Before we dive into more of the startup process, we know you’re wondering about cost. What’s important to know is not just how much it costs to open an urgent care, but what you need to break even, and what factors will impact your profitability.

How much money you need to start your business will depend on factors we’ll explain below, but the simple answer is that the average cost to open an urgent care clinic is estimated between $1.3-1.5M, or more. This is generally broken down as such:

  • $500-600K for interior buildout
  • ~$250K for supplies and equipment
  • ~$150K for one-time startup expenses
  • $300K (+/- $200K) for working capital

Your true cost will depend on market, goals, and available resources. And, as we mentioned, you also need to be thinking about how much money you need to stay in operation during those critical early days while your accounts receivables are maturing. That depends on important variables like location, size, and your real estate arrangement.

Clinic Location

Prime real estate may be easy to spot, but it’s not always easy to come by. Whether you’re planning to buy, build, or lease clinical space, opening your urgent care in the right location is crucial. Highly visible, high-traffic, easily accessible retail space may require a bigger initial budget, but in the long run, it may pay off with a greater flow of patients.

Geography will also affect your costs. While California is known for its entrepreneurial successes, startup costs in cities across the Golden State are high compared to almost anywhere else in the country. On the other hand, cities in the south, like Chattanooga, Louisville, and Wichita are the most startup-friendly based on costs. Salary requirements will also fluctuate based on geography.

Rural, urban, or suburban? No two localities are alike. It may be cheaper to build or lease in a rural area, but you may find it much costlier to find — and pay — providers.

One other important consideration is the accessibility to payer networks. Over the last few years, insurance providers have become more aware of market saturation and are limiting access to new clinics in places where coverage is high. Read more about selecting the best location in the section “Location Selection.”

Clinic Size

The average urgent care is about 3,000 square feet, but you should choose the size of your space based on expected patient volume and the services you plan to offer. If you plan to offer exclusively urgent care, you may not need as much space as a clinic offering physical therapy, OccMed, or wellness services. Always choose clinic space with the best location you can afford that offers a workable floor plan. Most importantly, never choose size over location.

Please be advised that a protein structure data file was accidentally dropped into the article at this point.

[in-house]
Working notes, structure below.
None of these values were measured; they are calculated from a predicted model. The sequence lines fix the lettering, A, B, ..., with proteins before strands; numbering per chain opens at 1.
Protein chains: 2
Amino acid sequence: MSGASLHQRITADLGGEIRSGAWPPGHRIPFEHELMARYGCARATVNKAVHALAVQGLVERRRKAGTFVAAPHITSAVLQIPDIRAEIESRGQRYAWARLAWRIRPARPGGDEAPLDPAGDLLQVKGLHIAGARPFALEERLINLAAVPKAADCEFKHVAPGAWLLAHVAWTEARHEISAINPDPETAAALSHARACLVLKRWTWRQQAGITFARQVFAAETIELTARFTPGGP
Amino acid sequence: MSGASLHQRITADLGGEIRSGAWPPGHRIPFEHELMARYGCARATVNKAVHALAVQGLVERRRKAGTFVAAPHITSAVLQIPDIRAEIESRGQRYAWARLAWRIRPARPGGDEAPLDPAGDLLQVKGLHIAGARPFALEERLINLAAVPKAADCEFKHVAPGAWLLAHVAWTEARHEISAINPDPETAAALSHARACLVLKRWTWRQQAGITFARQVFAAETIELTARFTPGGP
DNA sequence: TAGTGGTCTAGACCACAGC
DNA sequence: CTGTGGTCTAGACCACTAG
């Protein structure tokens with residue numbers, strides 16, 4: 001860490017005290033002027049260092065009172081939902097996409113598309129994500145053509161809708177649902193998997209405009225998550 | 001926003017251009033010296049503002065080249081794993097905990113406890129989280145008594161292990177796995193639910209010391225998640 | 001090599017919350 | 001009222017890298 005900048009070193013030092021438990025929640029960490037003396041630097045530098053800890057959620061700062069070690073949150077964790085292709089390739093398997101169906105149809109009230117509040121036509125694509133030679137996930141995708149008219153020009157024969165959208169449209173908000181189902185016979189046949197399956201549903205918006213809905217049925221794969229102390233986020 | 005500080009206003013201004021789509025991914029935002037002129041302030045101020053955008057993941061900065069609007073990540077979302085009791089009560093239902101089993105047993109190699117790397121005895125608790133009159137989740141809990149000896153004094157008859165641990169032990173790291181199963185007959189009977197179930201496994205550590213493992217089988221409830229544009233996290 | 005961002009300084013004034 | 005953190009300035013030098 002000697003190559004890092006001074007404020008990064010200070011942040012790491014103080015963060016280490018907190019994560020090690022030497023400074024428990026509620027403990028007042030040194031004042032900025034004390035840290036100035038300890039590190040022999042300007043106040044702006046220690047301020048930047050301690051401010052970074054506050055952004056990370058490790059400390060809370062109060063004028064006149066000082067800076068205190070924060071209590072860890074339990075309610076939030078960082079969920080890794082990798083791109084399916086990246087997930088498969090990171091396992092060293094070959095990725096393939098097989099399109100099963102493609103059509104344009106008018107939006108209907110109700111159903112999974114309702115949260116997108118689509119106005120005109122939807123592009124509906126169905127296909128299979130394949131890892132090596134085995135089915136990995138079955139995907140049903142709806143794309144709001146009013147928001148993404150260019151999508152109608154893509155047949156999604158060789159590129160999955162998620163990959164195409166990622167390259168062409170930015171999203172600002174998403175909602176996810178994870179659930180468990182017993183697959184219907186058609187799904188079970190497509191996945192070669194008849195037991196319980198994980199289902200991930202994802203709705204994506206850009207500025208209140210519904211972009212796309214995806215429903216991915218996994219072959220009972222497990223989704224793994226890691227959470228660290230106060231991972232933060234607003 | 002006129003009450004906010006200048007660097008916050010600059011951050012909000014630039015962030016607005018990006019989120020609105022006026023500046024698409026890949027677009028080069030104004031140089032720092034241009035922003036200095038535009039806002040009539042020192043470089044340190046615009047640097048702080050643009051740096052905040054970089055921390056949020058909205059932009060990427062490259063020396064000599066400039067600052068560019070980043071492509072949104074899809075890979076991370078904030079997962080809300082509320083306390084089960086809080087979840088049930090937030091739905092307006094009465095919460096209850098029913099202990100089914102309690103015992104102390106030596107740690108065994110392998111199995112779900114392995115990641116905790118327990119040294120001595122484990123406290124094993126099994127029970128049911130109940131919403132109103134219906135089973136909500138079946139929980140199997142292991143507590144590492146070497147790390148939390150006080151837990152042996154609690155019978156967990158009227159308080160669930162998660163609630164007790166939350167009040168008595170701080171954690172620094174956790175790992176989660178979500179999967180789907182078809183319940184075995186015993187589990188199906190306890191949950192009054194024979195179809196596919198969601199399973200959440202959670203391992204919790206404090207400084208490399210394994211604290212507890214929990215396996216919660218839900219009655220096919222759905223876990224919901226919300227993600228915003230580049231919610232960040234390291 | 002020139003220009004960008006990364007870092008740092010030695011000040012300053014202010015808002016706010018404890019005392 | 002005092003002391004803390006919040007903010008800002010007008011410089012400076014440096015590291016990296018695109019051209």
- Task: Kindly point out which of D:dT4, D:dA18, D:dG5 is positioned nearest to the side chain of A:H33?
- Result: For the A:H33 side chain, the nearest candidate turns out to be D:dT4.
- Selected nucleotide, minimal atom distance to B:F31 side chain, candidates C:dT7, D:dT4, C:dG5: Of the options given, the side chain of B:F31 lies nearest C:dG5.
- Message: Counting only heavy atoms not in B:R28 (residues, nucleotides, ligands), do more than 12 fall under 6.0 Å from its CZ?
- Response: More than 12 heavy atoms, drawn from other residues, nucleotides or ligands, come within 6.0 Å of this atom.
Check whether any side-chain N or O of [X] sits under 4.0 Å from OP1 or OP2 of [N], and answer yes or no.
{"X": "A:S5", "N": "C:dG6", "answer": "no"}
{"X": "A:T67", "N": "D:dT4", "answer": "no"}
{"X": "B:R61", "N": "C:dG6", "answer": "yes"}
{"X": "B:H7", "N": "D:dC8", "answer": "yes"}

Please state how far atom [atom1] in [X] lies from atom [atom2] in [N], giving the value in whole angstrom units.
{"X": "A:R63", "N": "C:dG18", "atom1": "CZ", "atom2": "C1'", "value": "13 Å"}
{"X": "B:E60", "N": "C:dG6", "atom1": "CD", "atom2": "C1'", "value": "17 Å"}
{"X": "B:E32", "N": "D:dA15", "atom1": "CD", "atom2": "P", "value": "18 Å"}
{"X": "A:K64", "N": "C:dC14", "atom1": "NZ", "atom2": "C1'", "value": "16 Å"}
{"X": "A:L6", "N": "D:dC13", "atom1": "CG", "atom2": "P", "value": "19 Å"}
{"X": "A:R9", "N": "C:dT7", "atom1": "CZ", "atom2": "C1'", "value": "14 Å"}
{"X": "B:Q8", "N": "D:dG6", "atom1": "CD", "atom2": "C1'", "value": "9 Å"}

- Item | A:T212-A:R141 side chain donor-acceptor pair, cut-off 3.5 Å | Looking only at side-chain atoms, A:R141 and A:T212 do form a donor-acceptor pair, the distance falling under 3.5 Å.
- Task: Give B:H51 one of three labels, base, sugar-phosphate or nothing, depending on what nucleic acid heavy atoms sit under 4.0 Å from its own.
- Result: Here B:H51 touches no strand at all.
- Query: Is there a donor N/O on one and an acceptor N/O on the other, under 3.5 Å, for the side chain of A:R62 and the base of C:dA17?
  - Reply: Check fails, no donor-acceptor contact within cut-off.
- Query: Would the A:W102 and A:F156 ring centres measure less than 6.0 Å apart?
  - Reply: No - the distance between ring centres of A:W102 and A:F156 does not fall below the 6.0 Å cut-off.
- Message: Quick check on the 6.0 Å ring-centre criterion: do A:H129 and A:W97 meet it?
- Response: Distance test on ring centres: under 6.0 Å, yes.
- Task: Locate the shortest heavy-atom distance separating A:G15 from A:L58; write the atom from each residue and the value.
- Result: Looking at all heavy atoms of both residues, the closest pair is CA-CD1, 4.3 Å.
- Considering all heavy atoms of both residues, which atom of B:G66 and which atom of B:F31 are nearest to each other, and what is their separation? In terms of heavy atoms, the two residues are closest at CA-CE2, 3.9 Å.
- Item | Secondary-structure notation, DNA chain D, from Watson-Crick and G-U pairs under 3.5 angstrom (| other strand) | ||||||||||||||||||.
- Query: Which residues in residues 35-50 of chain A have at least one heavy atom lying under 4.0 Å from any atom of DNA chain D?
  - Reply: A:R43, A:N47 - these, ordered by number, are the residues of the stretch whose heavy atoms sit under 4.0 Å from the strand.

Real Estate Arrangement

Do you plan to lease space, build a new office, or buy an existing clinic? Investigate all your options before making a decision as your choice will affect your start-up costs.

Location should always be your first consideration. The majority of urgent care operators, especially those just entering the industry, lease space. In particular markets, situations may be more favorable to either build-to-suit or purchase land and own the property.

Whether you buy, lease, or build, assess the space and the services you plan to offer. And work with an architect and/or designer experienced in the urgent care space. An experienced builder can keep you compliant, make the most of the space, and help you stay within your budget.

Keep in mind that state and local building codes and insurance company guidelines may have some impact on specific design elements, although they do not dictate things like the number of rooms or placement of objects. Some states require special permits and licensure. Be sure to check local regulations.

Urgent Care Startup Checklists

Your overall cost will also depend on things like equipment, furnishings, and services. Here are a couple of checklists you can use to determine financial needs.

Budget Categories (FF&E Furniture, Fixtures and equipment)

Remember that supplies can usually be delivered within a few business days, so plan for what you need at startup to carry you through opening.

  • Radiology
  • Capital medical equipment
    • Exam tables, diagnostics (EKG, etc.), procedure lighting
    • Include OccMed – no matter where you open, there is always OccMed to do)
    • Include CLIA moderate lab equipment
  • Medical supplies
  • Pharmaceuticals
  • Office supplies
  • IT/Computer hardware
  • Furniture
    • Waiting room
    • Office, exam, clerical/support
    • Breakroom, storage, shelving
  • Appliances